The raised emulsion dots 46 may be increased or decreased to match the size of the mesh opening in other applications. A screen 12 may be constructed not only for automotive glass use, but also for a number of other applications where a pattern is printed on a hard substrate, such as circuit boards.
The raised emulsion dots 46 may also be used to tint windows, such as the sun screen 76 formed along the top edge of the wind shield 78. As noted above, the new non-lead paints are less opaque and require more paint to achieve the same shading as a lead based paint. The art work 80 for the shaded area includes a strip 82 of more concentrated dots along the top strip of the art work 80 and a more spaced-apart area of dots along the other edge of the artwork strip 82. The raised emulsion dots 46 provide a more effective screen without having to utilize B a thicker fabric. As the pattern 84 spreads the dots further apart, the fabric begins to compress during production operations and the a thinner layer of tinted paint is formed on the glass 78. The spacing and the length of the dots may be adjusted to achieve the desired tint for the windshield 78.
FIG. 12 shows an alternative dot pattern which may be used to form a special pattern of ceramic ink. The dots 46 in FIG. 5 produce a raised segment 22, which is a thicker layer of ceramic ink. The segment 22 formed by the dot configuration shown in FIG. 5 would have a somewhat uniform thickness over the entire segment 22.
In FIG. 12, the distance between the dot patterns in mesh 86 is significantly greater than the distance between the dots 46 in mesh 26 of FIG. 5. The main goal is to provide sufficient spacing such that the excess ink from one pattern does not flow into and join the flow of ceramic ink from the adjacent patterns. This results in mounds 94 being formed on a standard layer of ceramic ink 96 on glass substrate 98. Depending on the type of ceramic ink being used, the dot patterns are spaced apart to achieve the desired arrangement of the mounds 94.
Mesh fabric 86 includes a two dot sub-pattern 88 and a three dot sub-pattern 90 in addition to a single dot 92. The dot patterns in FIG. 12 result in mounds 94A, 94B, 94C being formed on the layer of ceramic ink 96 on glass substrate 98 in FIG. 13. The mounds 94 provide the same benefits as the raised segment 22 in most applications, but require less ceramic ink to print. The use of the mounds 94 may result in reasonable cost savings in production use by requiring less silver-based ceramic ink. In addition, the mounded layer of ceramic ink 96 with mounds 94 is less likely to crack or split after extended use on automobile glass. The method of forming the dots 88, 90, and 92 is the same as outlined above.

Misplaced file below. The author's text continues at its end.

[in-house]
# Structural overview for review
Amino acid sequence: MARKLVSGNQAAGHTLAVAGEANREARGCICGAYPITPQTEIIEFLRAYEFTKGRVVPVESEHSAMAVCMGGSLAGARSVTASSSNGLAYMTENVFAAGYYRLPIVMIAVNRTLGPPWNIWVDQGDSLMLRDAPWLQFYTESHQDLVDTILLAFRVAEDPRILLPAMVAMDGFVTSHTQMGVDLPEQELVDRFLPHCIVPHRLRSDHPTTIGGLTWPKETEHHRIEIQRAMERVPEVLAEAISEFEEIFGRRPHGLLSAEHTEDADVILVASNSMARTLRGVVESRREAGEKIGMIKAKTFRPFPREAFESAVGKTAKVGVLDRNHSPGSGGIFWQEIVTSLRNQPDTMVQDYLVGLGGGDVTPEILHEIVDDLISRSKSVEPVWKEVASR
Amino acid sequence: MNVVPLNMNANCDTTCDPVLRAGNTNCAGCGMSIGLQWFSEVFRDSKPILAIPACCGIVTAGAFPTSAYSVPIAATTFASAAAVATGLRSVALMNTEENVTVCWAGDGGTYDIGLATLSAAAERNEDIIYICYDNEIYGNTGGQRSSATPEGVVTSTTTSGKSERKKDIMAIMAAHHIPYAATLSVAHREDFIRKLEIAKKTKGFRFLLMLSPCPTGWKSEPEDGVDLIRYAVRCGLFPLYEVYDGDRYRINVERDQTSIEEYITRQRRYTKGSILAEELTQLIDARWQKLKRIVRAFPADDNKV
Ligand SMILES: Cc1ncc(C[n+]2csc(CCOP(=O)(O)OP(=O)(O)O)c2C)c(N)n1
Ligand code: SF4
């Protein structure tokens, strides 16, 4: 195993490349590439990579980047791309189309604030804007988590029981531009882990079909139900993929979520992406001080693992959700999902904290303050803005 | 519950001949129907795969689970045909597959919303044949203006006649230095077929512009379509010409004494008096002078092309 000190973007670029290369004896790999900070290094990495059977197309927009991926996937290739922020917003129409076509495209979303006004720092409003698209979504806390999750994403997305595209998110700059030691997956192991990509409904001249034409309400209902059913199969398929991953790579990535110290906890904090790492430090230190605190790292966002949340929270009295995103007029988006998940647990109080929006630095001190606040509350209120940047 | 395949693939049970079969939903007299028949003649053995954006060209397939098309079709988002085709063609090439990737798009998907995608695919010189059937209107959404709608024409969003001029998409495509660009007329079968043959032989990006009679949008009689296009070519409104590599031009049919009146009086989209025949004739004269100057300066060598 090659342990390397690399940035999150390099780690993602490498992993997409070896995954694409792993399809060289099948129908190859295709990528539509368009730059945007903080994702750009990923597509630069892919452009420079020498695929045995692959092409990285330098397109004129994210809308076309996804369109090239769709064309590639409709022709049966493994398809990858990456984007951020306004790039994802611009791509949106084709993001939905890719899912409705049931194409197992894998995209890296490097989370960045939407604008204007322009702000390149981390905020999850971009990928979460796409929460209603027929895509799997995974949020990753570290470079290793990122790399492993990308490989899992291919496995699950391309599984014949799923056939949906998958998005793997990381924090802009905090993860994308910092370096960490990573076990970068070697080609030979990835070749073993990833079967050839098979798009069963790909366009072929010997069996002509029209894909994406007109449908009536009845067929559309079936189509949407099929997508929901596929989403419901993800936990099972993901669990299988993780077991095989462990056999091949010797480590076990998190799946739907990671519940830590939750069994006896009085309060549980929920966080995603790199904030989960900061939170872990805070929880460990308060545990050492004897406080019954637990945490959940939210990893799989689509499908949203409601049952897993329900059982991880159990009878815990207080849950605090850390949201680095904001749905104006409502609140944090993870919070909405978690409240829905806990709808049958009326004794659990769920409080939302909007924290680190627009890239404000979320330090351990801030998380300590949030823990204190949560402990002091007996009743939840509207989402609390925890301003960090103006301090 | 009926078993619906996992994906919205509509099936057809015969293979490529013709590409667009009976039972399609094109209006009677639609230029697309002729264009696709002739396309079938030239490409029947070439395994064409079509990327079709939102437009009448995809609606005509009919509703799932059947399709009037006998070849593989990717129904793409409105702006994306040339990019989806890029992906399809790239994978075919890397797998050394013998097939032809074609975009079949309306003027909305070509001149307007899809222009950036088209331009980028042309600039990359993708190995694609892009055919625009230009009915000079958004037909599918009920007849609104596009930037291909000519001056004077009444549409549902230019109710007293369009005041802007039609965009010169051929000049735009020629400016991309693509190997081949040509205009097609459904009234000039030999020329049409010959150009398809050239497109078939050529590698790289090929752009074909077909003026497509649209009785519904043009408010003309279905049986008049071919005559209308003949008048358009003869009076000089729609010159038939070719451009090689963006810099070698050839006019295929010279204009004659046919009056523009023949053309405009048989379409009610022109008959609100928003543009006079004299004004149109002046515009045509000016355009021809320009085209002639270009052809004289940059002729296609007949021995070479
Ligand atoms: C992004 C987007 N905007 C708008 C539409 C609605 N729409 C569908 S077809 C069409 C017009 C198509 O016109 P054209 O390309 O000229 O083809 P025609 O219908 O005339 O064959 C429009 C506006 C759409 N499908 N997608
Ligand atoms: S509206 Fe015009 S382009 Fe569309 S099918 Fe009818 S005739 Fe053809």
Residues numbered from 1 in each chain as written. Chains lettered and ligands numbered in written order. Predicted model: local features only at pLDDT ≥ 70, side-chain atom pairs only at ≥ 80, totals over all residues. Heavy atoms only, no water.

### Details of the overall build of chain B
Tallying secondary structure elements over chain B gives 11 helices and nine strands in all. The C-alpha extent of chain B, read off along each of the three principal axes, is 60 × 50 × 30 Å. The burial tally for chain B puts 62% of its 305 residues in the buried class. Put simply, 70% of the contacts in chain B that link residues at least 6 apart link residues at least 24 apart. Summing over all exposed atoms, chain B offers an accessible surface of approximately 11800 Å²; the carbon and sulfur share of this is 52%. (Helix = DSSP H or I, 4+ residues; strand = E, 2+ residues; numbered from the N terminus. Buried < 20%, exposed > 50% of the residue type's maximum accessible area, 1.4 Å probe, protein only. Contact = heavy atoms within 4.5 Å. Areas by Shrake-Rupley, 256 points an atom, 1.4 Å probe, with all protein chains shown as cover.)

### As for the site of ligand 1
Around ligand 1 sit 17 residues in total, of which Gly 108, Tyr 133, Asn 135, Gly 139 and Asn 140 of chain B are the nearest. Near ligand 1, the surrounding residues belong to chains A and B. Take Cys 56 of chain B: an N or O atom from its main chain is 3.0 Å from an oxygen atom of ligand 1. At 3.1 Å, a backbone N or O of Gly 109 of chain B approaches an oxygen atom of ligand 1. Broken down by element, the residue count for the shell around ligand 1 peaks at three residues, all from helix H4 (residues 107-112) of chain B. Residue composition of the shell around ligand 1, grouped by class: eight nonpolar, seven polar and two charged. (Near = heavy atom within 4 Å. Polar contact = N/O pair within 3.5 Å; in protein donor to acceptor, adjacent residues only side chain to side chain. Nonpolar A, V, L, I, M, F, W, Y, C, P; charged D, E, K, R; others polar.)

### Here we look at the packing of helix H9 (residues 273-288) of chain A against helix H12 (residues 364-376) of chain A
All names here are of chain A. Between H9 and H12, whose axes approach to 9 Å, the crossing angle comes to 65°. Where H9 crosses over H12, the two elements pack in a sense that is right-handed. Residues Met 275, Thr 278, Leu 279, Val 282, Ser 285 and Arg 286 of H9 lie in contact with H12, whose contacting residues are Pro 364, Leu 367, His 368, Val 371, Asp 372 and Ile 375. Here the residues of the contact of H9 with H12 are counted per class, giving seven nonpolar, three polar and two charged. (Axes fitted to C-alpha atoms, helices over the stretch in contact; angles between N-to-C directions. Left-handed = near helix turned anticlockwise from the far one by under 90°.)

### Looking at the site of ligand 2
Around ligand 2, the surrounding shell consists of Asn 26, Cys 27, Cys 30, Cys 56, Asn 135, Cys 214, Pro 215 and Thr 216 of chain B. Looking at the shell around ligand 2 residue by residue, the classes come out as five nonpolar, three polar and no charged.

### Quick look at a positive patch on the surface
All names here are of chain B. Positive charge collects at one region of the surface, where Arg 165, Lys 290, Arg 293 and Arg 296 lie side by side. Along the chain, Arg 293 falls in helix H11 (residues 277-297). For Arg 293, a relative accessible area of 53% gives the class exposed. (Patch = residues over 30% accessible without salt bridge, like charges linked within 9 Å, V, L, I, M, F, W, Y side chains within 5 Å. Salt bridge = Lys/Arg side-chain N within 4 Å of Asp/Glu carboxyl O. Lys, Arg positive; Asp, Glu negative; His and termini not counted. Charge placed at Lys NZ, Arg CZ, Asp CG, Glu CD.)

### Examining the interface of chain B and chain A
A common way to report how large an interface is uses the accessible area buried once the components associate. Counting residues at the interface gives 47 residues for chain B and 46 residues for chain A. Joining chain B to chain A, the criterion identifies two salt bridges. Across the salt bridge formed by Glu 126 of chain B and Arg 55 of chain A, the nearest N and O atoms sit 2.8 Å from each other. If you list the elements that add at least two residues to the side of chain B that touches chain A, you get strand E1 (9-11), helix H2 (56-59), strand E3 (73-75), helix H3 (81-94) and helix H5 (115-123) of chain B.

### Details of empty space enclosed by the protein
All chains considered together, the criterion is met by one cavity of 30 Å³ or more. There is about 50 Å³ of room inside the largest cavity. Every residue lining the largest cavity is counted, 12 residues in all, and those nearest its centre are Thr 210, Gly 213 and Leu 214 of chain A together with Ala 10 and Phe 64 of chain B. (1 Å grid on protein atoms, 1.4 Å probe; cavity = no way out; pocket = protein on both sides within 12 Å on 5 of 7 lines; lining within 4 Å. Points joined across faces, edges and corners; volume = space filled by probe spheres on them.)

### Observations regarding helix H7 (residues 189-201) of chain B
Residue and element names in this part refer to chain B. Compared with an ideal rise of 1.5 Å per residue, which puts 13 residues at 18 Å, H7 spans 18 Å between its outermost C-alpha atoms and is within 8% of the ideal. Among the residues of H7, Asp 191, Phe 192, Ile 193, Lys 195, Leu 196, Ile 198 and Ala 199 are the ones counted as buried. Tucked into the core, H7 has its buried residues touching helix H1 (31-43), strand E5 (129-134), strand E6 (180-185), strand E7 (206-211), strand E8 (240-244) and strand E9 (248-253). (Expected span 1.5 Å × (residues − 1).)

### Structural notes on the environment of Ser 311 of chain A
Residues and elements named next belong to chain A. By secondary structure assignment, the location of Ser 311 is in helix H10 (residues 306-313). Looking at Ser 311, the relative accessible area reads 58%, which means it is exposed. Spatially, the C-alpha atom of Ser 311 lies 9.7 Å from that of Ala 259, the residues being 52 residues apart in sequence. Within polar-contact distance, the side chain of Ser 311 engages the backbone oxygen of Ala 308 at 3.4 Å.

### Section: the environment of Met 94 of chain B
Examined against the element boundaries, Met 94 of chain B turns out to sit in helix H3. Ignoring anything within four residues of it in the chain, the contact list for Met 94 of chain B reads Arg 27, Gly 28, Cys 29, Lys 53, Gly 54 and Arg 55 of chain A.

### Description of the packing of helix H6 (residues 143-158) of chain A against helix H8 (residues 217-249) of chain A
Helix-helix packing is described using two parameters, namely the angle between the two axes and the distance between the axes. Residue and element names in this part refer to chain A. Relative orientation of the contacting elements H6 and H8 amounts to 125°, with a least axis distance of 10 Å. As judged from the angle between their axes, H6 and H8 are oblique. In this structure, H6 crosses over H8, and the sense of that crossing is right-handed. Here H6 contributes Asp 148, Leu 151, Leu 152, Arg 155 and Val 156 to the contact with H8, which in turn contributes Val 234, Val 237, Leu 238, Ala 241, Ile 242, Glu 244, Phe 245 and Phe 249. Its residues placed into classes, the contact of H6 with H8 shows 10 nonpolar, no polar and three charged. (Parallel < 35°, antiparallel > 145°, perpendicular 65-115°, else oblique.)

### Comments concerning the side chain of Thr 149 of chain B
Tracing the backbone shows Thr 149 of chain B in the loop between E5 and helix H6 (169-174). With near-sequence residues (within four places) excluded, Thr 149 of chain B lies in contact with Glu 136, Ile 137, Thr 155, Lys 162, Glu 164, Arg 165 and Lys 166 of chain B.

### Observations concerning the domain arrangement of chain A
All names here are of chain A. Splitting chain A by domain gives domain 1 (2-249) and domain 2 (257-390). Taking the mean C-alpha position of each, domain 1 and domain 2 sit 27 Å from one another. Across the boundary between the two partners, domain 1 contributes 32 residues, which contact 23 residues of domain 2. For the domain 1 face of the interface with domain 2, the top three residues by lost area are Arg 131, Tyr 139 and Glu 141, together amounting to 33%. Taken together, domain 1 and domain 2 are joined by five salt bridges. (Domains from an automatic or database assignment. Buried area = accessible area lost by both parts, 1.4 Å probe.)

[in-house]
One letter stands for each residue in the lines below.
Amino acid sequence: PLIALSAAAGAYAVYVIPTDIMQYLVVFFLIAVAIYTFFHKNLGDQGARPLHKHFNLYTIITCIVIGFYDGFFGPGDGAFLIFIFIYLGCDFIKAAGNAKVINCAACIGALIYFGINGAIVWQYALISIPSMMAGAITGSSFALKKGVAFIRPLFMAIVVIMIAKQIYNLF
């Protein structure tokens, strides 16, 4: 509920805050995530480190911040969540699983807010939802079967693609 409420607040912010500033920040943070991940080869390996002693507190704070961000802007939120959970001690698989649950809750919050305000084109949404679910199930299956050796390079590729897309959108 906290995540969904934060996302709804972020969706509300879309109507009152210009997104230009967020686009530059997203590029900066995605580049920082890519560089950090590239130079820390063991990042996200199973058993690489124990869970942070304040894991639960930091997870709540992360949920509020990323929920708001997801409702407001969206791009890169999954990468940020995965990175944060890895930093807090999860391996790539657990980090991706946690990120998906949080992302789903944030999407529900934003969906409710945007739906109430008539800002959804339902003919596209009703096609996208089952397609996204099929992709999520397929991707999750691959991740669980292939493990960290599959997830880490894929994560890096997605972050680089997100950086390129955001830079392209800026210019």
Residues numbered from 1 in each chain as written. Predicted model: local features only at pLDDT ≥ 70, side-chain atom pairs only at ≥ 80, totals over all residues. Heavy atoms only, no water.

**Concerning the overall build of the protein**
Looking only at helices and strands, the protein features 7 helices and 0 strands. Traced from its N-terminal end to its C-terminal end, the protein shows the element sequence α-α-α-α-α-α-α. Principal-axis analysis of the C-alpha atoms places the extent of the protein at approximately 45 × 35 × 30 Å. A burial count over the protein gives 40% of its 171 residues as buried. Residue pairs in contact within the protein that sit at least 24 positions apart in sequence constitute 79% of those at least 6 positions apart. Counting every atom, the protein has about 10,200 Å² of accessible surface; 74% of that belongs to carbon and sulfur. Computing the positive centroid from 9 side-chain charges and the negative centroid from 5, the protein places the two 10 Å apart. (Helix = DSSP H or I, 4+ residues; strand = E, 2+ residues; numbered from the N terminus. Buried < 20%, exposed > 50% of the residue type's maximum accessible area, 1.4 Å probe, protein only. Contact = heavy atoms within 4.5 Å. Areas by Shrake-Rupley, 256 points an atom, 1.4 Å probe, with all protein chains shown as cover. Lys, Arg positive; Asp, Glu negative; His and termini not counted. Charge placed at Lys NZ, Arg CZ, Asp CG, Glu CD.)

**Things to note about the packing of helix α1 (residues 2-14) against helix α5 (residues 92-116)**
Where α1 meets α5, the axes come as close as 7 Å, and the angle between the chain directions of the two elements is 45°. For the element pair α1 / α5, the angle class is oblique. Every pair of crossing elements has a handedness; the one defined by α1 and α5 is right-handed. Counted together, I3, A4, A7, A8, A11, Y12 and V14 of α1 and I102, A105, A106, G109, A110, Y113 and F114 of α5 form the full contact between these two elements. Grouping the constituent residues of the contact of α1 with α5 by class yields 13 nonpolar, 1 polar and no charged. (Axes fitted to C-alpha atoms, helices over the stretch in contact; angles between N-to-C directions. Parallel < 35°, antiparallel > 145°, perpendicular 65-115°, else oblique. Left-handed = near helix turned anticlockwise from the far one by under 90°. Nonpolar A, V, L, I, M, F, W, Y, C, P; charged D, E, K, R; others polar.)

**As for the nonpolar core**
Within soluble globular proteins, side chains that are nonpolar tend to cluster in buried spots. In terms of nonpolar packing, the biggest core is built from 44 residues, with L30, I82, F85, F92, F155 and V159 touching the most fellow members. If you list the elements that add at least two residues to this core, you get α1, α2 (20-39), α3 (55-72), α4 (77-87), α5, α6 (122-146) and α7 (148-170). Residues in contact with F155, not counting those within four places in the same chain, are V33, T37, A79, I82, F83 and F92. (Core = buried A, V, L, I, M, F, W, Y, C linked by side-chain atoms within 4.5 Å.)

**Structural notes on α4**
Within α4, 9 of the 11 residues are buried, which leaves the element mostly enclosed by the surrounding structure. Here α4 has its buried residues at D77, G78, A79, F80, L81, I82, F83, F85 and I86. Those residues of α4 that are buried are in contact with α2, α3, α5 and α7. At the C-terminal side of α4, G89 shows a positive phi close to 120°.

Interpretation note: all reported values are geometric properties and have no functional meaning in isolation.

FIG. 12A shows a side view of the mesh 86 on a glass substrate 98 prior to the application of a ceramic ink. Immediately after the ceramic ink is applied and the mesh 86 is removed from the glass substrate 98, the substrate is coated with a layer of ink 96 which was deposited through the open areas in the mesh 86. Additional ink is deposited through mesh 86 around dot 92, the additional ink forming the mound 94A. In FIGS. 12B-12C, the center recess 99 caused by the removal of the mesh 86 is filled in by the ink flow to form mound 94A on glass substrate 98.
Sub-patterns of two or three dots are often preferred in this case to provide more support and reduce cracking when the squeegee is passed over the screen during the printing process. Because the sub-patterns of dots are spaced further apart, less squeegee pressure is required to force the ceramic ink through the mesh fabric 86, which results in longer screen life.
One of the problems encountered in the screen printing of glass substrates noted above is the printing of an obscuration band 100 and a heater array 102 on the same piece of glass 104, as shown in FIGS. 14-15. The problem is caused by the breaking of the grid lines 118 in heater array 102, which breaks the conductivity and prevents the grid line 118 from performing as intended.
The obscuration band 100 and the heater array 102 are printed on the glass substrate in two separate screening operations with two separate screens. A nonconductive paint or ink is used for the obscuration band 100 and a conductive ink is used for the heater array 102. The obscuration band 100 is deposited in a first printing process and the heater array 104 is deposited in the second process.
The obscuration band 100 includes a solid section 106 having an outer edge 108 with a strip of dots 110 adjacent the outer edge 108. The strip of dots 110 includes a plurality of individual dots 112 of ceramic paint in spaced apart relationship in order to achieve a fade-away look from a distant observer. The dots 112 have discrete outer edges 114 which extend nearly perpendicular from the glass substrate 104.
The heater array 102 includes a bus bar 116 and a plurality of heater grids 118 extending across the glass substrate 104 to a bus bar (not shown) on the other side of the glass substrate 104. When a heater grid line 118 crosses the edge 108 of the solid section 106 or the edges 114 of the dots 112, the conductive ink accumulates in the space 120 between the dots 112 such that the breaks 122 in the grid line 118 occur at the edges 108 and 114 (see FIG. 15).
For the obscuration band 100, it is necessary that the solid band 106 have a certain thickness to maintain the necessary opacity. On the other hand, the edge of the band 108 and the dots 112 should be thinner to limit breaks in the grid lines 118. The bus bar 116 and the grid lines 118 should be thick enough to prevent breaks but thin enough to prevent cracking and to reduce costs by limiting the amount of conductive ink applied to the glass 104. Thicker deposits will be needed at weld points and certain areas of the bus bar 116.